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Musings on Halloween, Past and Present

As I type this, the nip in the October air is a reminder that the major holidays are just around the corner. Halloween paraphernalia has been in the stores since July with Christmas decorations right behind them. For those of us who are bereaved parents, this means the sooner the décor is on the store shelves, the longer we have the constant reminders that we will be facing the holidays without our child present. Whether this is your first Halloween following their death or years down the road, such as in my situation, the holiday season stirs the emotions. For example, with Halloween, there could be the sorrow of no longer having to find that perfect costume or witnessing the delight in your child’s eyes as they head out the door to trick-or-treat. If your child was an adult when they died, perhaps it is your old memories of Halloweens when they were youngsters. And there are those whose children died before they ever had the opportunity to create memories, the sadness that they were never able to experience even one holiday with that child.

Halloween can be particularly hard to get through. In the past, I always thought of it as innocuous enough; costume parties, children excitedly dashing door-to-door looking for treats, pumpkin carving, and the occasional harmless prank. However, after my daughter Nina died, I became acutely aware of things that I had never given a second thought. For instance, my neighbor made their whole front yard into a graveyard scene of fake headstones with scary or silly epitaphs on them, and terrifying creatures coming out of the earth. Before Nina died, I also found cemeteries “creepy”, but now look at them differently, even with a sort of reverence. I no longer have a problem going out to my daughter’s grave-site, even in the middle of the night. I find the solitude of the historic countryside cemetery dignified and worthy of respect. I was hurt by what I felt was ridicule and distain for the final resting place of our loved ones’ physical bodies. In addition, some of the masks portrayed faces of death in a way that I found highly offensive, especially since I knew many who lost their children to some of the means depicted. I perceived it as a mockery of the tragedies that these families suffered.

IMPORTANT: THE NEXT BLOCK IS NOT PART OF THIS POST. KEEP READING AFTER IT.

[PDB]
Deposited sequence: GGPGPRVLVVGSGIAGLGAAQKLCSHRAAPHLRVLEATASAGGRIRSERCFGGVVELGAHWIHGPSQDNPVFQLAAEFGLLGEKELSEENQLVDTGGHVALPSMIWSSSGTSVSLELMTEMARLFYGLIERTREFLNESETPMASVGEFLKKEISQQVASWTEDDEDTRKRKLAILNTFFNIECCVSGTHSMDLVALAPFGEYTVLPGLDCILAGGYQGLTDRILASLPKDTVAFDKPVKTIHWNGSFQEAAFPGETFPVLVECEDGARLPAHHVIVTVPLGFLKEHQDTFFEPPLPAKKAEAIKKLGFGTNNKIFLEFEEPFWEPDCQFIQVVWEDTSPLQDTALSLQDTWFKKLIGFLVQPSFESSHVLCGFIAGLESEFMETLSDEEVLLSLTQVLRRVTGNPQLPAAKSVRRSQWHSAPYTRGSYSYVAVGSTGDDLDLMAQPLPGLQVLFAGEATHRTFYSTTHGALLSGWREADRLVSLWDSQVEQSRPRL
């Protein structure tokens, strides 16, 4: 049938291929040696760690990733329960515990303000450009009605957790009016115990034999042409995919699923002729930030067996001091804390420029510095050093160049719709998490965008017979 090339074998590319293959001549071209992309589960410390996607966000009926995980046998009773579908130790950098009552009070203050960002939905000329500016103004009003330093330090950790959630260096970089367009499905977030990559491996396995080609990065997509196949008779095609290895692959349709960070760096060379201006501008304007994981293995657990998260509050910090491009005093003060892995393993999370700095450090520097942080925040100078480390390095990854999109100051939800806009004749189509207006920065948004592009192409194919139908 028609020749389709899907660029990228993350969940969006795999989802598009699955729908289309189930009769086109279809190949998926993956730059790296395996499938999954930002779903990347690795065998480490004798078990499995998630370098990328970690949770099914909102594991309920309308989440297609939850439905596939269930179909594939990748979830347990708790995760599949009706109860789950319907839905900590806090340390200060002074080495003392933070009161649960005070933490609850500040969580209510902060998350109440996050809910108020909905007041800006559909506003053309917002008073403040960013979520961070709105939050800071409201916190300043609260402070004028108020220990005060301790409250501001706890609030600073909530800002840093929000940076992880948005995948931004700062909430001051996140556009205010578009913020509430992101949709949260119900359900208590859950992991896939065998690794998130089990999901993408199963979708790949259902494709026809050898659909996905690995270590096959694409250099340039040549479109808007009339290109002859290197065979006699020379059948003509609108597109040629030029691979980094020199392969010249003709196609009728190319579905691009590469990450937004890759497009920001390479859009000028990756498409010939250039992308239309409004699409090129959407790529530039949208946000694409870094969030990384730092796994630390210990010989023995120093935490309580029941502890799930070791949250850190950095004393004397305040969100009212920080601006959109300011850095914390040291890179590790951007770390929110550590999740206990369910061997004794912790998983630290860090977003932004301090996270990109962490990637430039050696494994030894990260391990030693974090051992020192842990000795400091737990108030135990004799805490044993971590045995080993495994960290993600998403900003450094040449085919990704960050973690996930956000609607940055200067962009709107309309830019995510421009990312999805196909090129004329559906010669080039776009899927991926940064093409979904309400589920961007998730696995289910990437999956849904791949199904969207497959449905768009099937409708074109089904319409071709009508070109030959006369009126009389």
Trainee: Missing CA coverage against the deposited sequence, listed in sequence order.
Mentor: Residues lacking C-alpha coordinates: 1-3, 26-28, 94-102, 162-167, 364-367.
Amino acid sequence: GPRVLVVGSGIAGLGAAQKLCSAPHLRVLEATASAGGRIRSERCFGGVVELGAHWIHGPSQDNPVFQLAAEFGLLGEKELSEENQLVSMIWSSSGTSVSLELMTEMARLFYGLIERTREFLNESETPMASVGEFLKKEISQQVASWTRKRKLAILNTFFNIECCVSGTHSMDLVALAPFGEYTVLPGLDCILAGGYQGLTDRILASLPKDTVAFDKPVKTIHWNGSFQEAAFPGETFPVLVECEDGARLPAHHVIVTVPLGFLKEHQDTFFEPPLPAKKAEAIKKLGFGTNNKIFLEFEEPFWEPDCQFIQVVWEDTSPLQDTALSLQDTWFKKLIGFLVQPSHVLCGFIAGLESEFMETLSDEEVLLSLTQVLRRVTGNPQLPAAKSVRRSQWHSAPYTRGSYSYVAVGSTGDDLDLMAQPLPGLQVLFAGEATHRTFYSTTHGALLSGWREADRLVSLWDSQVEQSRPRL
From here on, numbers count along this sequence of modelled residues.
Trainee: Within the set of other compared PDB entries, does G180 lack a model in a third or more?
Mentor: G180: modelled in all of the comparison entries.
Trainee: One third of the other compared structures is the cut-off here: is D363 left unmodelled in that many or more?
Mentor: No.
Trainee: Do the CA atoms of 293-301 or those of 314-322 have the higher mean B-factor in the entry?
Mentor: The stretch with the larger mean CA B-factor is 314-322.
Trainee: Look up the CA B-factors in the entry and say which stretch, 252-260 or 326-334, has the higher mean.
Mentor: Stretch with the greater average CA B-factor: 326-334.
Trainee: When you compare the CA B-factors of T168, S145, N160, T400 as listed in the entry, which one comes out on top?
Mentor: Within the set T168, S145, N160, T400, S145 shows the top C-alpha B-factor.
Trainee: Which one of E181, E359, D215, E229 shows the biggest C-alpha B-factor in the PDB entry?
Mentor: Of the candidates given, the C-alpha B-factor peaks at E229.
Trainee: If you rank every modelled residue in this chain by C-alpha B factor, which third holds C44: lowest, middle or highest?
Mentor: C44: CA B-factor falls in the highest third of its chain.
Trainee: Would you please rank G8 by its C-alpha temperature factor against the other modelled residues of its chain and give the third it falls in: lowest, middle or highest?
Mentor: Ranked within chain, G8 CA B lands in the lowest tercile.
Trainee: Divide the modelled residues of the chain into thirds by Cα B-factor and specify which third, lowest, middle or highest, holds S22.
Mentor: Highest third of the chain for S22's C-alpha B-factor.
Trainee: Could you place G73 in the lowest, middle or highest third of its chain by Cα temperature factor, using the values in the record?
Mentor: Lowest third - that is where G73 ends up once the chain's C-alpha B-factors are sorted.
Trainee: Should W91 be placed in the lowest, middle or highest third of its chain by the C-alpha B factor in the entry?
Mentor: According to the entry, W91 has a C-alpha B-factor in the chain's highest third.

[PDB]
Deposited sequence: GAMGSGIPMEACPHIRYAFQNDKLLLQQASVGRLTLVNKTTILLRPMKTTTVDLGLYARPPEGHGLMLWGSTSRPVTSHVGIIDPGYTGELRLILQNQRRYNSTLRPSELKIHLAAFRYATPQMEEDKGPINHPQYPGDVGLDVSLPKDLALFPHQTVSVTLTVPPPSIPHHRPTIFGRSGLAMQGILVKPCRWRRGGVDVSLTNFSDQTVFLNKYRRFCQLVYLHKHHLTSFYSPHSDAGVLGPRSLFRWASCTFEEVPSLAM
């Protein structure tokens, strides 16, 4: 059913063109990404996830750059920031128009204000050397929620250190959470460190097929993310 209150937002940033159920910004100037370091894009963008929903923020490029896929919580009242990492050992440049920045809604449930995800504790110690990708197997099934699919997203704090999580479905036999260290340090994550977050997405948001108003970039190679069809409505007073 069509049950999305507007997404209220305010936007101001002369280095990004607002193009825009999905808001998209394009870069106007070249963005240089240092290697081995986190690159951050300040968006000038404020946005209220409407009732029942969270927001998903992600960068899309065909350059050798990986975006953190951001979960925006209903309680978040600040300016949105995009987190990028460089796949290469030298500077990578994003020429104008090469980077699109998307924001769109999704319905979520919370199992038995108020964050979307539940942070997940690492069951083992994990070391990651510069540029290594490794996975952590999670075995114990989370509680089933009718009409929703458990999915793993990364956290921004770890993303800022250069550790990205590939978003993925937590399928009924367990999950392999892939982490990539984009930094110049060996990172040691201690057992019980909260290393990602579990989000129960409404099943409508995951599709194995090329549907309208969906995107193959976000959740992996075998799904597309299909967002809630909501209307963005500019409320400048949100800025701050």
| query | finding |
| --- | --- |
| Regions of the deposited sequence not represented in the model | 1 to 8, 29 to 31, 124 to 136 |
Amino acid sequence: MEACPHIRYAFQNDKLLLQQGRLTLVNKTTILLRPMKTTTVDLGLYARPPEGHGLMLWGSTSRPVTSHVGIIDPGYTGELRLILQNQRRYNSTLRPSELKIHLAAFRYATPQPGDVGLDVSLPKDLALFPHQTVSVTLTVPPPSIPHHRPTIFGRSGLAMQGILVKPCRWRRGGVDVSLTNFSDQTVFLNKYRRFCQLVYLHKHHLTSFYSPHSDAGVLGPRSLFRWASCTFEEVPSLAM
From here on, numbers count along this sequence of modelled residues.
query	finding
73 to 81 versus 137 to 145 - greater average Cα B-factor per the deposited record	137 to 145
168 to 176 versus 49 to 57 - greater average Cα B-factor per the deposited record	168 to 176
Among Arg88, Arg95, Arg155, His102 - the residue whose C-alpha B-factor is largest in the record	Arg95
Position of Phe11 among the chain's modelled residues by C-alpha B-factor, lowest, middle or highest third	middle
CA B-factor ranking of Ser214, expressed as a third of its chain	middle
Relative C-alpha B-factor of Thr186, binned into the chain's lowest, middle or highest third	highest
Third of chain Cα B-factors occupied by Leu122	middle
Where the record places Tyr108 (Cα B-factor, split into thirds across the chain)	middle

Though I still don’t pretend to understand the allure of the above-mentioned Halloween depictions, they aren’t as painful to me as they were the first few years after Nina died. Especially in the early grief years, we become hypersensitive to our surroundings and more keenly aware of anything related to death. It is pretty hard to look past the non-bereaved populations seeming nonchalance about something we take so personally. Though we wish there was more understanding, we also know all too well that they cannot truly empathize unless they have walked in our shoes. It is easy to forget that, before our children’s deaths, we too may have shown the same indifference. We’d like to think that we would not have been so callous because we now know firsthand how much this hurts those affected. However, before we lost our “innocence”, truth be told, we probably didn’t give any of it much thought.

On this 22nd Halloween without Nina, I do my best to ignore all the ghoulishness surrounding this time of year. If I do find I am having difficulty, I try very hard to focus on positive memories of Halloween’s past, such as her grade-school costume party where our basement became a makeshift haunted house where blindfolded “witches” and “fairy princesses” shrieked and giggled as they plunged their hands into bowls full of peeled grape “eyeballs” and wet macaroni “brains”, or the photos I have of her in different costumes over the years, from Care Bear to Punk Rocker. Then there is the photo taken of Nina on her last Halloween. No longer of trick-or-treat age, she stayed home to pass out the candy and carved her own Jack-O-Lantern that she is pictured proudly along side, with her ever-present smile and that wonderful twinkle in her brown eyes; such precious memories…

For those with a missing trick-or-treater this Halloween, the first holidays are the most difficult. Though I find they are easier to bear as time marches on, there will always be the awareness that someone so loved is absent from the family gatherings. Remember that this roller-coaster grief-ride brings different feelings with each passing year. It is important to allow those feelings—whatever they may be–and let them happen, Try not to be waylaid by other’s expectations of you. Trust your instincts. Truly, only you know what is best for you.

Cathy Seehuetter
TCF Director of Online Services

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